Obamacares' Very Unpleasant Surprises!

PatriotPost "We have to pass the bill so that you can find out what is in it." Those were the famous last words1 of House Speaker Nancy Pelosi before ramming ObamaCare through the lower chamber in March. The California Democrat surely knew how foreboding her words were.

So what are some of the unfortunate provisions rearing their ugly heads, now that Democrats have succeeded in taking over one-sixth of the economy?

For starters, a loophole in the law enables insurance companies to -- gasp -- raise their premiums. "Although Democrats promised greater consumer protection, the overhaul does not give the federal government broad regulatory power to prevent increases," reports the Los Angeles Times2. "It is a very big loophole in health reform," said Sen. Dianne Feinstein (D-CA). According to the Times, "Feinstein and Rep. Jan Schakowsky (D-Ill.) are pushing legislation to expand federal and state authority to prevent insurance companies from boosting rates excessively." Of course, "excessively" is relative in an industry that averages between 3 and 4 percent profit, and in which most premium increases are driven by the cost increases in medical care caused by government intervention.

Meanwhile, The Hill3 reports, "Taxpayers earning less than $200,000 a year will pay roughly $3.9 billion more in taxes -- in 2019 alone -- due to healthcare reform, according to the Joint Committee on Taxation, Congress's official scorekeeper. The new law raises $15.2 billion over 10 years by limiting the medical expense deduction, a provision widely used by taxpayers who either have a serious illness or are older." So much for the pledge not to raise taxes, by not even one dime, on that very group.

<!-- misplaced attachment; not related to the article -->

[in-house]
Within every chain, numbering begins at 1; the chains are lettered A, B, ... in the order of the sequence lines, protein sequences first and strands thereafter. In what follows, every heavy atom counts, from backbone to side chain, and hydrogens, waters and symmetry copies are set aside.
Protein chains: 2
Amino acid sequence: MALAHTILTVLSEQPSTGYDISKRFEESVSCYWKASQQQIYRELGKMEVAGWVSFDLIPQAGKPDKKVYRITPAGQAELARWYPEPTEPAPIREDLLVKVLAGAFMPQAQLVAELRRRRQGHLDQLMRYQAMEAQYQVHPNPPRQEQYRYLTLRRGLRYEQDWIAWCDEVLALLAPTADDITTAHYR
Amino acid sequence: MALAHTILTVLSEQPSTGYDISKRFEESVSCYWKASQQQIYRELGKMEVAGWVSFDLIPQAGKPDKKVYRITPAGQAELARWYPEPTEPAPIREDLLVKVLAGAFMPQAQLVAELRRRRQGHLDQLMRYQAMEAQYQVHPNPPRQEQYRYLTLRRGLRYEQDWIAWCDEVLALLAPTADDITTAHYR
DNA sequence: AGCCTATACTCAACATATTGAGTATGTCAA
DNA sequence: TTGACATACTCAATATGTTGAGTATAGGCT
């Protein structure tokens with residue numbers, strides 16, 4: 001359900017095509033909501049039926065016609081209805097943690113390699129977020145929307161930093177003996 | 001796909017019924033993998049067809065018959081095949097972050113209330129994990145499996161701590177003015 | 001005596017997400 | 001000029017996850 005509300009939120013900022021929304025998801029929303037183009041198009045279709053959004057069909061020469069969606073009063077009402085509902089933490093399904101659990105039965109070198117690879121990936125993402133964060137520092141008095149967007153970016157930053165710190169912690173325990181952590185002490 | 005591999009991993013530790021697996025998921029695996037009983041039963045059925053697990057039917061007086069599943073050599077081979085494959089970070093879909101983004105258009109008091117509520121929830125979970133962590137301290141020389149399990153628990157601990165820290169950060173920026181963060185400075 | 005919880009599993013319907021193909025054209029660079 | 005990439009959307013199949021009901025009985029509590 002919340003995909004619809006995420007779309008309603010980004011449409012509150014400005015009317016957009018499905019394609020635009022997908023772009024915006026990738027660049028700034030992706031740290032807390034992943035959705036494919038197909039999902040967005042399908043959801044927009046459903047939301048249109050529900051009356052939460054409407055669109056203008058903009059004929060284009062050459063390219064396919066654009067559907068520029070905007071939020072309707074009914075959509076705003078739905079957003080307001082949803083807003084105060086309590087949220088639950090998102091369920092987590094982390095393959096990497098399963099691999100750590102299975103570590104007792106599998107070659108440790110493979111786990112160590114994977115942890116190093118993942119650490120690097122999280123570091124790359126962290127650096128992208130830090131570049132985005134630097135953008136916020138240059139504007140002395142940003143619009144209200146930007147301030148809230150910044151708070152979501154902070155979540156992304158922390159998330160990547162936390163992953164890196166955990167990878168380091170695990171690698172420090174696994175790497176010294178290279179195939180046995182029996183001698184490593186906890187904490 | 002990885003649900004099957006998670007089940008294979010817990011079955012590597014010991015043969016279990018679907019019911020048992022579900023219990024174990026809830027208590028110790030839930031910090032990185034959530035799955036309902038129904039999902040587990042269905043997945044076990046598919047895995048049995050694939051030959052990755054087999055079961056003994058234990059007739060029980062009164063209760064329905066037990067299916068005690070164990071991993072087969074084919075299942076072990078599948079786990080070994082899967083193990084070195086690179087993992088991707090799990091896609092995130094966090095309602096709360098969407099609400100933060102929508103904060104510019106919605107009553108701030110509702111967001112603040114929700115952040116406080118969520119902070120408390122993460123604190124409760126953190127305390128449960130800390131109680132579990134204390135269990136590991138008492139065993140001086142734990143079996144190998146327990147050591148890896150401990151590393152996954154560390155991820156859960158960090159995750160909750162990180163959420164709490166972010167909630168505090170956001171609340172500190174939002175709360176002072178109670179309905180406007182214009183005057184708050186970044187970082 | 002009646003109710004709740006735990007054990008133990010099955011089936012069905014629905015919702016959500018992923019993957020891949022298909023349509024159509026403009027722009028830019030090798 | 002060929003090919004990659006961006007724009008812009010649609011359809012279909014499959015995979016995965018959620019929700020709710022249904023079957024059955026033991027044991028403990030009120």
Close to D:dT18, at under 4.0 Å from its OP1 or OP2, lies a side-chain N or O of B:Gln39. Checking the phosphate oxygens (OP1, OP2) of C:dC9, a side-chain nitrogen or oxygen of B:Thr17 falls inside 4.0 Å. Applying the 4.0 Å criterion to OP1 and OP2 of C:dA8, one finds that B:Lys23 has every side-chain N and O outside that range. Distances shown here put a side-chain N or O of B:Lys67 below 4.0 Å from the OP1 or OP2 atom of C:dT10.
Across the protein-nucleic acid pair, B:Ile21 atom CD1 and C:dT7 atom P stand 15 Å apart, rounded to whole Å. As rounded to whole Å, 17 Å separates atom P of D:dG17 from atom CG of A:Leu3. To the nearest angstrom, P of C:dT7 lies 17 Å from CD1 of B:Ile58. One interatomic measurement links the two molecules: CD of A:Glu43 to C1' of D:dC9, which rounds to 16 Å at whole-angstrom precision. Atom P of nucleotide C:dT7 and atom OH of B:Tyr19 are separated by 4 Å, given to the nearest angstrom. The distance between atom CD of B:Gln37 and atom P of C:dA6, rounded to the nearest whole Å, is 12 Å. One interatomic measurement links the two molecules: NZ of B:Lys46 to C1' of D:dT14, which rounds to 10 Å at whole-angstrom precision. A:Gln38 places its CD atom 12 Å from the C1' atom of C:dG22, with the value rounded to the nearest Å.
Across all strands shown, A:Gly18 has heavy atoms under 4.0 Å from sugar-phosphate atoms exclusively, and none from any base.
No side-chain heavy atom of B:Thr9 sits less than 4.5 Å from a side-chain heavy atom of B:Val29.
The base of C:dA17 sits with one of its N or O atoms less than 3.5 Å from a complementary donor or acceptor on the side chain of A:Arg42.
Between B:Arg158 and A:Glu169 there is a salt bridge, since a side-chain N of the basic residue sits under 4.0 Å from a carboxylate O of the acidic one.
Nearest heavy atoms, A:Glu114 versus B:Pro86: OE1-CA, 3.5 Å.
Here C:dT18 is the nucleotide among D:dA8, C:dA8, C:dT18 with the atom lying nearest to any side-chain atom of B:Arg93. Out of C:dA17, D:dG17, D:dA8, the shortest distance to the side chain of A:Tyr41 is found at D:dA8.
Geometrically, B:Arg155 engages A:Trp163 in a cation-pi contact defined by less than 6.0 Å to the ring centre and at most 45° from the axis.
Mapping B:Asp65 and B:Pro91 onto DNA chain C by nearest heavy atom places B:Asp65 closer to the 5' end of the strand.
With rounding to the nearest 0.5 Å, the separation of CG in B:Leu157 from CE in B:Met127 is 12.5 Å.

The New York Times4, however, blows the lid off the most amusing provision:

In a new report, the Congressional Research Service says the law may have significant unintended consequences for the "personal health insurance coverage" of senators, representatives and their staff members.

For example, it says, the law may "remove members of Congress and Congressional staff" from their current coverage, in the Federal Employees Health Benefits Program, before any alternatives are available.

The confusion raises the inevitable question: If they did not know exactly what they were doing to themselves, did lawmakers who wrote and passed the bill fully grasp the details of how it would influence the lives of other Americans?

Let's see them fix it for themselves while leaving the lives of other Americans permanently altered for the worse.

As for the medical side of the equation, according to the Association of American Medical Colleges (AAMC), the existing doctor shortage in the United States will be exacerbated by ObamaCare. This could lead to -- surprise -- decreased access to medical care and possibly sub par care in the near future.

Of the 954,000 physicians in the United States today, only 352,908 are primary care physicians. Yet doctors falling under the primary care umbrella -- general practitioners, pediatricians, family doctors and internists -- will be in the greatest demand under ObamaCare. The nation will need another 45,000 primary care physicians by 2020, so medical schools are attempting to lure their students to this field. ObamaCare supposedly encourages this as well, adding a 10 percent Medicare pay increase for those in that field. Even with this incentive, however, primary care is still not as lucrative as other specialties. Since a medical degree carries a six-figure price tag, it's no surprise that young doctors want to enter fields that will free them of their debt more quickly.

Furthermore, ObamaCare squeezes doctor-owned hospitals out of existence by either denying them Medicare/Medicaid funding or forcing them to seek approval from the Department of Health and Human Services, a.k.a. Big Brother. The reason: they cater to high-income patients. Heaven forbid.

Of course, all these things come as little surprise to those of us not wearing Commie-red tinted glasses. http://patriotpost.us/edition/2010/04/16/digest/print/